Statement 1: cout is used to output a string (text) to the console. Std:cout is an object of the ostream class that represents the standard output stream. insertion operator (<<) is used to pass in a string or any other variable that is then outputted to the console on the screen. The endl; ends the line by inserting a new-line character (‘\n’ a.k.a. escape sequence).
    Statement 2: The Std::cin is the opposite of the cout, cin is an object of the istream class that represents the standard input stream. However, cin is used differently in this context, I am accessing a function, the get() function in the cin object. The cin.get() forces the program to wait for the user to enter a key before it can close, and you can see the output of your program.
    Statement 3: The return 0; statement indicates that the program has completed successfully.

That’s a lot of information, huh? Do not worry, I’ll be explaining more in coming lectures about C++. Till next time, enjoy this lecture and have fun!

Introducing the F# Programming Language

F# (pronounced “F Sharp”) is a functional programming language built into the .NET—just like C#, J# and Visual Basic. Furthermore, F# can take advantage of the same core .NET libraries as the three mentioned languages. F# is a bit different from the three mentioned programming languages; in fact, F# has inherent technical strengths as a multi-paradigm programming language, uses type interference, supports LINQ, provides F# interactive visualization and includes all the important elements of functional programming.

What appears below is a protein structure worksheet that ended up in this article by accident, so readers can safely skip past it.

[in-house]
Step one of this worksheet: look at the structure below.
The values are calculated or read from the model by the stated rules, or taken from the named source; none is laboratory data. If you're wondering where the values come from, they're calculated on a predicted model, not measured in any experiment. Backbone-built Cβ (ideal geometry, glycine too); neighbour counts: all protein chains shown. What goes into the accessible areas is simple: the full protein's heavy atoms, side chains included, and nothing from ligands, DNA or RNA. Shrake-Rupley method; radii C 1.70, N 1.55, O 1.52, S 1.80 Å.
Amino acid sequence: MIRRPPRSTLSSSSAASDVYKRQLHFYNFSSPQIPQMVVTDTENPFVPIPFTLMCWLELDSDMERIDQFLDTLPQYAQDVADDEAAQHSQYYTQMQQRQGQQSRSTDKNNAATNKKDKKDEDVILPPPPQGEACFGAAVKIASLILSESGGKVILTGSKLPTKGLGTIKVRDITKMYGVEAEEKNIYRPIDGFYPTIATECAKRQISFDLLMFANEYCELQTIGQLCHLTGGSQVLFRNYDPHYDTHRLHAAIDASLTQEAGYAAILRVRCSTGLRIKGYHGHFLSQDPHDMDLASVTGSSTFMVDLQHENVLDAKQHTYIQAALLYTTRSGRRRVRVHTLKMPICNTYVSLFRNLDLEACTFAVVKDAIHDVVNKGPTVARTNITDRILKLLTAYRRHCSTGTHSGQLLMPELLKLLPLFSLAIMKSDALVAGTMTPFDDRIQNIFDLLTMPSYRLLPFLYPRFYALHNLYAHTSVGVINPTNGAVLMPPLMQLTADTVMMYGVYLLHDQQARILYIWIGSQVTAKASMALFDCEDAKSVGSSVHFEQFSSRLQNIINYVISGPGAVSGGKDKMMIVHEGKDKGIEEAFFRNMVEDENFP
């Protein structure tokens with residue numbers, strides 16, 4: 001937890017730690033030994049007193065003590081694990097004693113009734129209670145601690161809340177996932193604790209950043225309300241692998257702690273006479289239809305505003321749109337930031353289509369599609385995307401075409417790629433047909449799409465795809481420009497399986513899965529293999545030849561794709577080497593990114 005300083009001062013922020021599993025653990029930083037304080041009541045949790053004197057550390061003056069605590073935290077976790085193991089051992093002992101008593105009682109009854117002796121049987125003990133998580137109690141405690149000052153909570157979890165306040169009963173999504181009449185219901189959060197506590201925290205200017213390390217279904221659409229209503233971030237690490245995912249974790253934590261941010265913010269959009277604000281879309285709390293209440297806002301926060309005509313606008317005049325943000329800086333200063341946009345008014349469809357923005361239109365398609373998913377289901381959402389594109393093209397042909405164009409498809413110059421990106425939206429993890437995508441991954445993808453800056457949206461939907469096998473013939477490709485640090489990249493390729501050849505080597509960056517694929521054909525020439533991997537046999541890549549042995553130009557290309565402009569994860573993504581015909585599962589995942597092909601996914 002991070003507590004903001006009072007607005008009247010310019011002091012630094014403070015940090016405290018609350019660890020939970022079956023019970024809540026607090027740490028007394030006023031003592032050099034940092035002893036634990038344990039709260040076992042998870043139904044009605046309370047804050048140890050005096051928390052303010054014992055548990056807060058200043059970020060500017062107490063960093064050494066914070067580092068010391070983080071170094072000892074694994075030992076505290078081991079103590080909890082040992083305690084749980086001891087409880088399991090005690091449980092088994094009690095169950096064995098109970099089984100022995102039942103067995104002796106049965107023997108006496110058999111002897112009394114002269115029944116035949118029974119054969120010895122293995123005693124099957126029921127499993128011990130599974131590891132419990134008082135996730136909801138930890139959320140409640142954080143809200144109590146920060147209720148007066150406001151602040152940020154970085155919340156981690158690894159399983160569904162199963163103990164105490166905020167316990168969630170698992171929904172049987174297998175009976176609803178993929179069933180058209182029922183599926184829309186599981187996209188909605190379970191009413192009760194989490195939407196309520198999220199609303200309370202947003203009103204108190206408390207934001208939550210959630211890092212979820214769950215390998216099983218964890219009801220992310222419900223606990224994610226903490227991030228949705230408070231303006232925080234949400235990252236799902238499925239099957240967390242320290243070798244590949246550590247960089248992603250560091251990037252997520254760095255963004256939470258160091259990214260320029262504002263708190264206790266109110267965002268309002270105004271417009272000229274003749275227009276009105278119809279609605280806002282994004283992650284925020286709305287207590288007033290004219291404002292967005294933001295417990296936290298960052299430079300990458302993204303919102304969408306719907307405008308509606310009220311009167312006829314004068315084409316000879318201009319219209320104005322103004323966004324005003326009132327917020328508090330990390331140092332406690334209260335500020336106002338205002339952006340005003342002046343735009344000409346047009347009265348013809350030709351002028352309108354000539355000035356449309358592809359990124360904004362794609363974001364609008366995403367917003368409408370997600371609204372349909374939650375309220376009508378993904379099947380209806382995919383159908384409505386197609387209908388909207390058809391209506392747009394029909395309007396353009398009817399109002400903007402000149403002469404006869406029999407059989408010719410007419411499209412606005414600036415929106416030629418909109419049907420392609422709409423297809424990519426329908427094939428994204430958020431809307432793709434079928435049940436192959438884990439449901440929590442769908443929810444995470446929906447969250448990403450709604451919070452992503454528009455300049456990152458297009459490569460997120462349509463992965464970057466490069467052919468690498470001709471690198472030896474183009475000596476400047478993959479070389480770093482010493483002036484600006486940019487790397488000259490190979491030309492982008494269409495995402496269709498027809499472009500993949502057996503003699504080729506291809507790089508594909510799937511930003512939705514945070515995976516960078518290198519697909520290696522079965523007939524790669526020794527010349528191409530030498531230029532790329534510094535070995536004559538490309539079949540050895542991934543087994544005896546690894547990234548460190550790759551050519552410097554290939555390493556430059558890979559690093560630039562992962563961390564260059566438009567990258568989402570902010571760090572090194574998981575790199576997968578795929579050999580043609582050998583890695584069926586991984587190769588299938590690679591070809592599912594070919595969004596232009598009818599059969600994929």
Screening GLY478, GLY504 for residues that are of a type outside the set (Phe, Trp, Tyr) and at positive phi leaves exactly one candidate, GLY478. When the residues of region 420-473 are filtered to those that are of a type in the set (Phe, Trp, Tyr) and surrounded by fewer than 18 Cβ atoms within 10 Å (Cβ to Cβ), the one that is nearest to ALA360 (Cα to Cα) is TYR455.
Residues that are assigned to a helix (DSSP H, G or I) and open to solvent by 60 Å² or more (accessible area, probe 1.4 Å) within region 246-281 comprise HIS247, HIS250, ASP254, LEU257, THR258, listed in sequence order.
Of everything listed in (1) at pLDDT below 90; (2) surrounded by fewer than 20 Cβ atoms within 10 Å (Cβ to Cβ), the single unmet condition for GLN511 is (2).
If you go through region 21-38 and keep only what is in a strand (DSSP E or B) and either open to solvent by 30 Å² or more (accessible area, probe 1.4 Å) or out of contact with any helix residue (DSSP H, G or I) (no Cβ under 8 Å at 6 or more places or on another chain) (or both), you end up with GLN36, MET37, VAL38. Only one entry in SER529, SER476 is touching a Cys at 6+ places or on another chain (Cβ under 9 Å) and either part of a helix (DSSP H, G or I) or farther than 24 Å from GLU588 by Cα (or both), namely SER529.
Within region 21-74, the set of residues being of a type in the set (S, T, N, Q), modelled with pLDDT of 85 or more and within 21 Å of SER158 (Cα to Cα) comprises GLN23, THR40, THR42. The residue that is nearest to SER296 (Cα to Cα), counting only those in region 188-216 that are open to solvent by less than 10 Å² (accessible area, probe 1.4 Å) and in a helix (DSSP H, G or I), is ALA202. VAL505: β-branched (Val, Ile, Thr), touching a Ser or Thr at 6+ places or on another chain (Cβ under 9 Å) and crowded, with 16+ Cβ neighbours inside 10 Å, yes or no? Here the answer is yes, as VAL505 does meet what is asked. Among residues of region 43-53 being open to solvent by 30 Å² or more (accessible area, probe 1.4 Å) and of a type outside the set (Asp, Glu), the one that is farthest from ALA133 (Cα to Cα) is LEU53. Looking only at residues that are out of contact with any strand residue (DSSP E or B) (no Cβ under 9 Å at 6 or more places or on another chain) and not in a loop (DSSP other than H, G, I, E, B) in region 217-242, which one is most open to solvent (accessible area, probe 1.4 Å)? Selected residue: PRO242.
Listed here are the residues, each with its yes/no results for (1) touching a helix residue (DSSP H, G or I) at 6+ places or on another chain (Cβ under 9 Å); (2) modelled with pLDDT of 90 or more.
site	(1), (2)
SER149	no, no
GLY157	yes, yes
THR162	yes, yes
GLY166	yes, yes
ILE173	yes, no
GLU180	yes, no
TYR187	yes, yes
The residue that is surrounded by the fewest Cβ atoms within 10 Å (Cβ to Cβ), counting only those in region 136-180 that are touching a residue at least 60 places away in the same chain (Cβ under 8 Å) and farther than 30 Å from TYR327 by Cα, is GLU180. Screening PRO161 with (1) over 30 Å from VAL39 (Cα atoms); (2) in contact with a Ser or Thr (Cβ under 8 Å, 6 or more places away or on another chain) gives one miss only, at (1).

F# was originally started at Microsoft Research, Cambridge in 2005. The Microsoft Research (MSR) team continues to improve F#, and continues its partnership with other teams across the company and with—external open source organizations, researchers, and companies. F# is currently shipped with Microsoft Visual Studio 2010 by default, however, is also included in Microsoft Visual Studio 2012.



Here are a few basic lines of code I will explain:

open System 

let msg = "Hello World" 

printfn "%s" msg 


When compiled and executed in debug mode this code will print out ‘Hello World’ in a console window.
The open works like using in C#, we tell it what namespaces we want to open, in this example I used the standard System namespace. The let keyword is used to bind expressions, or to define values or function values for one or more names. The printfn prints a formatted value to stdout, and adds a newline (‘\n’); The format styling looks pretty much like C‘s format styling, consisting of strings with % markers indicating format placeholders.
Declaring variables is very straight forward, F# does not need to have the data type predefined for it i.e. int i = 0; here we tell it that we want to declare an int. In F# you don’t have to do it this way, it detects this by value.

let i = "" // string 
let i = 'a' // char
let i = 0 // int 
let i = 0.0 // float